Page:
Jenny Phung

Graduated from Sir John A. Macdonald Collegiate Institute, Toronto, Ontario
Attending University of Toronto, Life Science

Necessity is the mother of invention. For there to be progress, one must be innovative and creative. At my school, there was a need for students to explore the STEM field outside of the classroom setting as there were not many opportunities present at the time. As chapter head, I hosted weekly meetings on Google Meet to discuss scientific concepts such as electrochemistry and forces, as well as skills development where members gained insight into topics like studying and scholarships. Moreover, the chapter also provided an opportunity for older members to mentor the younger members by providing them with advice on school and life. Additionally, the chapter addressed the importance of scientific literacy, as well as addressed some concerns that the students had about studying and preparing for post-secondary education. Furthermore, it allowed members to be more innovative and creative by providing them with the opportunity to participate in STEM Fellowship events, such as the Big Data Challenge. The project was important because it allowed students to build a community through their love of science. Through this community, they developed and grew their understanding and passion for the sciences while also improving their skills and confidence. It was also a safe space for students of junior grades to ask questions and have fun while learning. Ultimately, this chapter addresses the need for more scientific opportunities by creating a community that enhances the members’ passion and understanding of science. In the future, I hope that this chapter will continue to inspire more students to develop a passion for science and become more creative and innovative.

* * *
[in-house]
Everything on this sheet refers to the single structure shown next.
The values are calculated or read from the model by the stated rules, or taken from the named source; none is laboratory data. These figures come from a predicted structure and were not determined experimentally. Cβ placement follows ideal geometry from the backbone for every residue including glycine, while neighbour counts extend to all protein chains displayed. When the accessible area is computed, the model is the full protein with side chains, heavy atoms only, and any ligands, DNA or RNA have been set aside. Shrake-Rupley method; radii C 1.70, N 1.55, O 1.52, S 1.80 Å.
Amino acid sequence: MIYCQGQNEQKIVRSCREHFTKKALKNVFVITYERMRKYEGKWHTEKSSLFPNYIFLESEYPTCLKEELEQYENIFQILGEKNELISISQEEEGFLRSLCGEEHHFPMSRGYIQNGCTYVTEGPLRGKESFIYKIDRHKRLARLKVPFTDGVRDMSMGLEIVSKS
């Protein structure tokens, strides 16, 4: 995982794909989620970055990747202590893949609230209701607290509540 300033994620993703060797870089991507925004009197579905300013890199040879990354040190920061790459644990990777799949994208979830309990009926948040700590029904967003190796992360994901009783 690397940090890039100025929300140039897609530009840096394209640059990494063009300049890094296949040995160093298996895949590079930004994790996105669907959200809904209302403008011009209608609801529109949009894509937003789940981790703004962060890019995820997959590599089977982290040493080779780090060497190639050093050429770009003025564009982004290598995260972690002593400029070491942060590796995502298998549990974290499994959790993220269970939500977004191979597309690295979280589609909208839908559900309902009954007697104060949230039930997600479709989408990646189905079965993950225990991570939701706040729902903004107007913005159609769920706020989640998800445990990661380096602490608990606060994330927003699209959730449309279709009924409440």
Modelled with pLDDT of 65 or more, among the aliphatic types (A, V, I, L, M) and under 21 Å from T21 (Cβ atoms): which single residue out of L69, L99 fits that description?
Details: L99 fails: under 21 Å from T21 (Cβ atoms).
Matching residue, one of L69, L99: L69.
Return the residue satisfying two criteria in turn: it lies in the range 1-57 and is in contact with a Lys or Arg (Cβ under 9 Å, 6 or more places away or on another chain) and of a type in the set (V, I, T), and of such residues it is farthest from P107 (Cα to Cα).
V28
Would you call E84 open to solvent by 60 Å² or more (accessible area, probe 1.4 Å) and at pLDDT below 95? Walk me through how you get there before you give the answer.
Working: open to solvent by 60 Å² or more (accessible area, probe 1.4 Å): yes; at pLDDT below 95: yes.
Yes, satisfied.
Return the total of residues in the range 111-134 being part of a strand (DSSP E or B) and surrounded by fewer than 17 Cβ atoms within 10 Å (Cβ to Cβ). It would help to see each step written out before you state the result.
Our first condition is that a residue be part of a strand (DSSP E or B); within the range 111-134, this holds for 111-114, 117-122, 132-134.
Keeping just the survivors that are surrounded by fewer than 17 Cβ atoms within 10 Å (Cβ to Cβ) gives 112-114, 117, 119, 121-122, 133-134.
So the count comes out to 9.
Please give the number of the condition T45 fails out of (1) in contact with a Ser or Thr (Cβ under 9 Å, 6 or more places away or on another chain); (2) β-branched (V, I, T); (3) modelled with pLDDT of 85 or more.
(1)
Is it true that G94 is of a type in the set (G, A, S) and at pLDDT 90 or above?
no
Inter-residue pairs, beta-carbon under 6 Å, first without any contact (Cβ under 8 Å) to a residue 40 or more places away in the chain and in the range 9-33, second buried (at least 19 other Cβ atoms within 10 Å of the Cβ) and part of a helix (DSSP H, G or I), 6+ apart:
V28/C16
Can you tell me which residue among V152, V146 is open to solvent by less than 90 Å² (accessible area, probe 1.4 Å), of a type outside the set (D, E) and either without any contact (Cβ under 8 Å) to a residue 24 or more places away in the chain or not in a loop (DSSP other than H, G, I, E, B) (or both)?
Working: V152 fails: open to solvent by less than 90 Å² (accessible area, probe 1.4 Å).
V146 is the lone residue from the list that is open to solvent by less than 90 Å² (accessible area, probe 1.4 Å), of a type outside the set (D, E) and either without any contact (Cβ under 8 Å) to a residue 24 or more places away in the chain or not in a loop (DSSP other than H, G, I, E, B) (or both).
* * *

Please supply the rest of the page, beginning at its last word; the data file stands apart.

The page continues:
Eric Chen

Graduate from Earl Haig Secondary School, Toronto, Ontario
Attending University of Toronto, Engineering

Firstly, I would like to dedicate the success of the Earl Haig STEM Fellowship chapter to my co-presidents, executive team, and staff supervisor! STEM is filled with endless world-changing possibilities and potential. During my time as chapter head, we established a platform for students from all grades to discuss the newest discoveries, issues, and challenges in the field. Our year-long guest speaker series included visits from CEOs, Product Managers, AI/Blockchain Engineers who introduced our younger audience to their industries and gave graduating students crucial post-secondary advice. With these events, we inspired a great number of students to explore this innovative field. Throughout the year, we also provided workshops and mentorship for participants of the STEM Fellowship Big Data Challenge, where four Earl Haig teams reached the final stage, and two received monetary awards! I’m very proud of our talented students and am eager to see the continuing growth of this chapter next year!